Different name, same mission: Belmonte back with annual march against hunger
|Published: 11-17-2023 4:17 PM
Don’t worry, radio personality Christopher “Monte” Belmonte will still push a shopping cart 43 miles from Springfield to Greenfield to raise money to combat food insecurity. The journey will simply have a different name.
This year marks the first March for the Food Bank with Monte Belmonte, a new moniker for the storied Monte’s March after the radio host left WRSI 93.9 The River for New England Public Media (NEPM) late last year.
“The march will continue!” Belmonte, 45, said in a question-and-answer interview with NEPM when he started there. “Working together as a community and a nation to end hunger is something I very much believe in. Food insecurity continues to be an issue in our community and radio gives me a platform to draw attention to the problem.”
The Turners Falls resident has kept that promise. This year’s two-day, 43-mile trek is scheduled to start at the Martin Luther King Jr. Community Center in Springfield at 7 a.m. on Monday, Nov. 20. He will push his famous shopping cart through Springfield, Chicopee, Holyoke and a sliver of Easthampton before getting to Northampton at around 3:30 or 4 p.m.
The next day, Belmonte and some supporters will leave from U.S. Rep. Jim McGovern’s office at about 6 a.m. and head toward Hadley, hoping to catch the sunrise atop the Calvin Coolidge Memorial Bridge in Northampton, before moseying through the University of Massachusetts Amherst campus and eventually stopping for lunch at Berkshire Brewing Co. in South Deerfield. Belmonte plans to then get to the Hawks & Reed Performing Arts Center in Greenfield by 6 p.m.
The annual march raises money and awareness for the Food Bank of Western Massachusetts in Hatfield. The fundraising goal is $500,000 this year, the same as the 2022 goal, which Belmonte referred to as “the sweet spot.”
The idea came to Belmonte 14 years ago while working at WRSI. The radio station set up a shopping cart outside Whole Foods in Hadley to solicit food donations from customers leaving the store.
“That was great. A traditional food drive is great. They’re good and important,” he said. “But … I was convinced that doing a fund drive would have a bigger effect than doing a food drive.”
Cash donations enable food banks to work directly with farmers and retailers to get healthier food at lower prices. The money can also cover the cost of picking up food from donors and bringing it wherever it needs to go.
McGovern, a Democrat representing the 2nd Congressional District of Massachusetts, again plans to march with Belmonte for as much of the trip as possible.
“This march is important because it raises awareness of hunger in our community. It also raises money to combat hunger. I think it represents the goodness of our community. This is not only a 43-mile walk, but it’s an opportunity to meet with different people along the way,” McGovern said. “We have school groups that meet up with us, we have senior citizens that walk with us, business leaders, politicians, you name it.”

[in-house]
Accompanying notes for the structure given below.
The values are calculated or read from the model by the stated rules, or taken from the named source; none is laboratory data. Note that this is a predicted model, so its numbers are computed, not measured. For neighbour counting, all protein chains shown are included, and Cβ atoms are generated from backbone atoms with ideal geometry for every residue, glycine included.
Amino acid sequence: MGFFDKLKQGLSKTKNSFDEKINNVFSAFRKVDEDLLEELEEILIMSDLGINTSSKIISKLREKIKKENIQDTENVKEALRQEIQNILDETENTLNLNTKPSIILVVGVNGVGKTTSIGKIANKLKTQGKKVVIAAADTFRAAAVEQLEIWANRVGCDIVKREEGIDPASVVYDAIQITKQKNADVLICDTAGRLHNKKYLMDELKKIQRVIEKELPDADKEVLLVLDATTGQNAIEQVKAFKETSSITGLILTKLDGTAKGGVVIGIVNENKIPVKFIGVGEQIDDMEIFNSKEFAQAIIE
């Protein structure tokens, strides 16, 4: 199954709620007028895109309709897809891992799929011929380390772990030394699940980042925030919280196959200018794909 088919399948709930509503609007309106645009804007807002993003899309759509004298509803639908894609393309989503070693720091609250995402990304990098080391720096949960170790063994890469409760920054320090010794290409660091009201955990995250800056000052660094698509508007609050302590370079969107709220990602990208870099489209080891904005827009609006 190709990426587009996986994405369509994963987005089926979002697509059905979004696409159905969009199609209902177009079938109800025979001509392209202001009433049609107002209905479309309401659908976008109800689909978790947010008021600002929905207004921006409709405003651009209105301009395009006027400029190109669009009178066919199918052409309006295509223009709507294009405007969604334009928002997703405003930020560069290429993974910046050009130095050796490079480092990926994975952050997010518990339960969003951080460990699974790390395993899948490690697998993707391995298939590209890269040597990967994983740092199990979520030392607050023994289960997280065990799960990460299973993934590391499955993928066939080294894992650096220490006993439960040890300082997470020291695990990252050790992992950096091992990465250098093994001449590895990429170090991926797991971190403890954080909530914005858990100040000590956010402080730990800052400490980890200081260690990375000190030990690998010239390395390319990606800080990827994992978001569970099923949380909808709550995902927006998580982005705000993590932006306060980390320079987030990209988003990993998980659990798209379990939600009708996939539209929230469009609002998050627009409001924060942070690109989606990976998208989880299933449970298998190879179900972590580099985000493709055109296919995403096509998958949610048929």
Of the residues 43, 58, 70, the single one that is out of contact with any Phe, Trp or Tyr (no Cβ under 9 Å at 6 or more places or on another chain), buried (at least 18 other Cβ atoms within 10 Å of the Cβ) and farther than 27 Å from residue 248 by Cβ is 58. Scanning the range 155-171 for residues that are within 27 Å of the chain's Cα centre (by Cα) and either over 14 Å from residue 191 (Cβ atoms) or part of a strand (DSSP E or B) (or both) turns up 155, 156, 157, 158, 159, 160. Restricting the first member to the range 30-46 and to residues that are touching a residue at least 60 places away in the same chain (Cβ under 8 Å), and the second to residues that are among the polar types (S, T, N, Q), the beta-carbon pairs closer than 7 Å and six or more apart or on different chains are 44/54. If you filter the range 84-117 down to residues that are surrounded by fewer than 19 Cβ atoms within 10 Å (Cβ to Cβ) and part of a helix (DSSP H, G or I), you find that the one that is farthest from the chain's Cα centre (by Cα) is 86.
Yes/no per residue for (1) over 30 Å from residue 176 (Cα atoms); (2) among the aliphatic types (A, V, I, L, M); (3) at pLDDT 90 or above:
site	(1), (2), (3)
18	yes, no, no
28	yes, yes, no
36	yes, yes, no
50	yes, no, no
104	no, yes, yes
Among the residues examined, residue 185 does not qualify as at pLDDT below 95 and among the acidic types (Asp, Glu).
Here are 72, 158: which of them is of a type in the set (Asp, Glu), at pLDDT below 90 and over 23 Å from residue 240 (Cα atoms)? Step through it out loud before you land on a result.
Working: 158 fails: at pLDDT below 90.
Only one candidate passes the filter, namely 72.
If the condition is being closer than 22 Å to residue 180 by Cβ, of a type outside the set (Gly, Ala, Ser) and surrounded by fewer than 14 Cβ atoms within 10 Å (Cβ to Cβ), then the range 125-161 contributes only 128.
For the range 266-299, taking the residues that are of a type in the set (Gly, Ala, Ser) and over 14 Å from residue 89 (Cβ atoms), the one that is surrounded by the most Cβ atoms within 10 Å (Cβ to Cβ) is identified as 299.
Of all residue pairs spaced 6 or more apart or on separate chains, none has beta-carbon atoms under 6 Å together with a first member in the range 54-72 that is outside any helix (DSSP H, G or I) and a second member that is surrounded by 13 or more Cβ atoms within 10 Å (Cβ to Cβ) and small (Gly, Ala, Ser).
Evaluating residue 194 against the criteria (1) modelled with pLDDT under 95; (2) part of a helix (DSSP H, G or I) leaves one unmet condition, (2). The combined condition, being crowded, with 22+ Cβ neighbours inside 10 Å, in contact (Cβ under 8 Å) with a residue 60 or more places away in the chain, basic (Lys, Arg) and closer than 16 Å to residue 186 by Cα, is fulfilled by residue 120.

McGovern has focused much of his legislative career on fighting hunger, which he said is “a political condition.” He said that even a few dollars can contribute to the eradication of hunger in western Massachusetts.
“What we lack, sadly, is the political will,” he said. “To me, food is a fundamental human right. Everybody should have access to good, nutritious food, period. End of story.”
Jillian Morgan, the Food Bank of Western Massachusetts’ director of development, started her job in the fall of 2019, roughly six months before the pandemic caused regional hunger to spike, only for it to drop as the world reopened. She said regional food insecurity has been climbing back up as of late, due to inflation and the expiration of pandemic-era benefits and the child tax credit.
“It’s been quite a journey, in terms of seeing how food insecurity has changed,” she said.
Morgan said the food bank helps an average of 100,000 people per month in Franklin, Hampshire, Hampden and Berkshire counties.
Volunteers will staff the food bank’s phone lines (1-888-323-HOPE) during next week’s march. People can also make monetary donations at bit.ly/3QKSQ2d. Those who wish to walk as an individual or with a team can register at marchforthefoodbank.org.
Belmonte echoed McGovern’s sentiments that food justice is often hampered by societal ills. He said the Springfield neighborhood where he starts his march is made up predominantly of people of color and, despite having a higher population than the city of Northampton, has few options for buying healthy food. Meanwhile, he said, Northampton has supermarkets and a great food co-op.
Belmonte also mentioned his trusty shopping cart is getting some work done by Smith Vocational and Agricultural High School students.
“It just gets a tune-up every year,” he said.
Belmonte, known to conduct his march while wearing outrageous costumes, said this year will feature “a Barbie-themed celebration of drag.” He encourages people to attend the march dressed as their favorite incarnation of Barbie or Ken.Reach Domenic Poli at: email@example.com.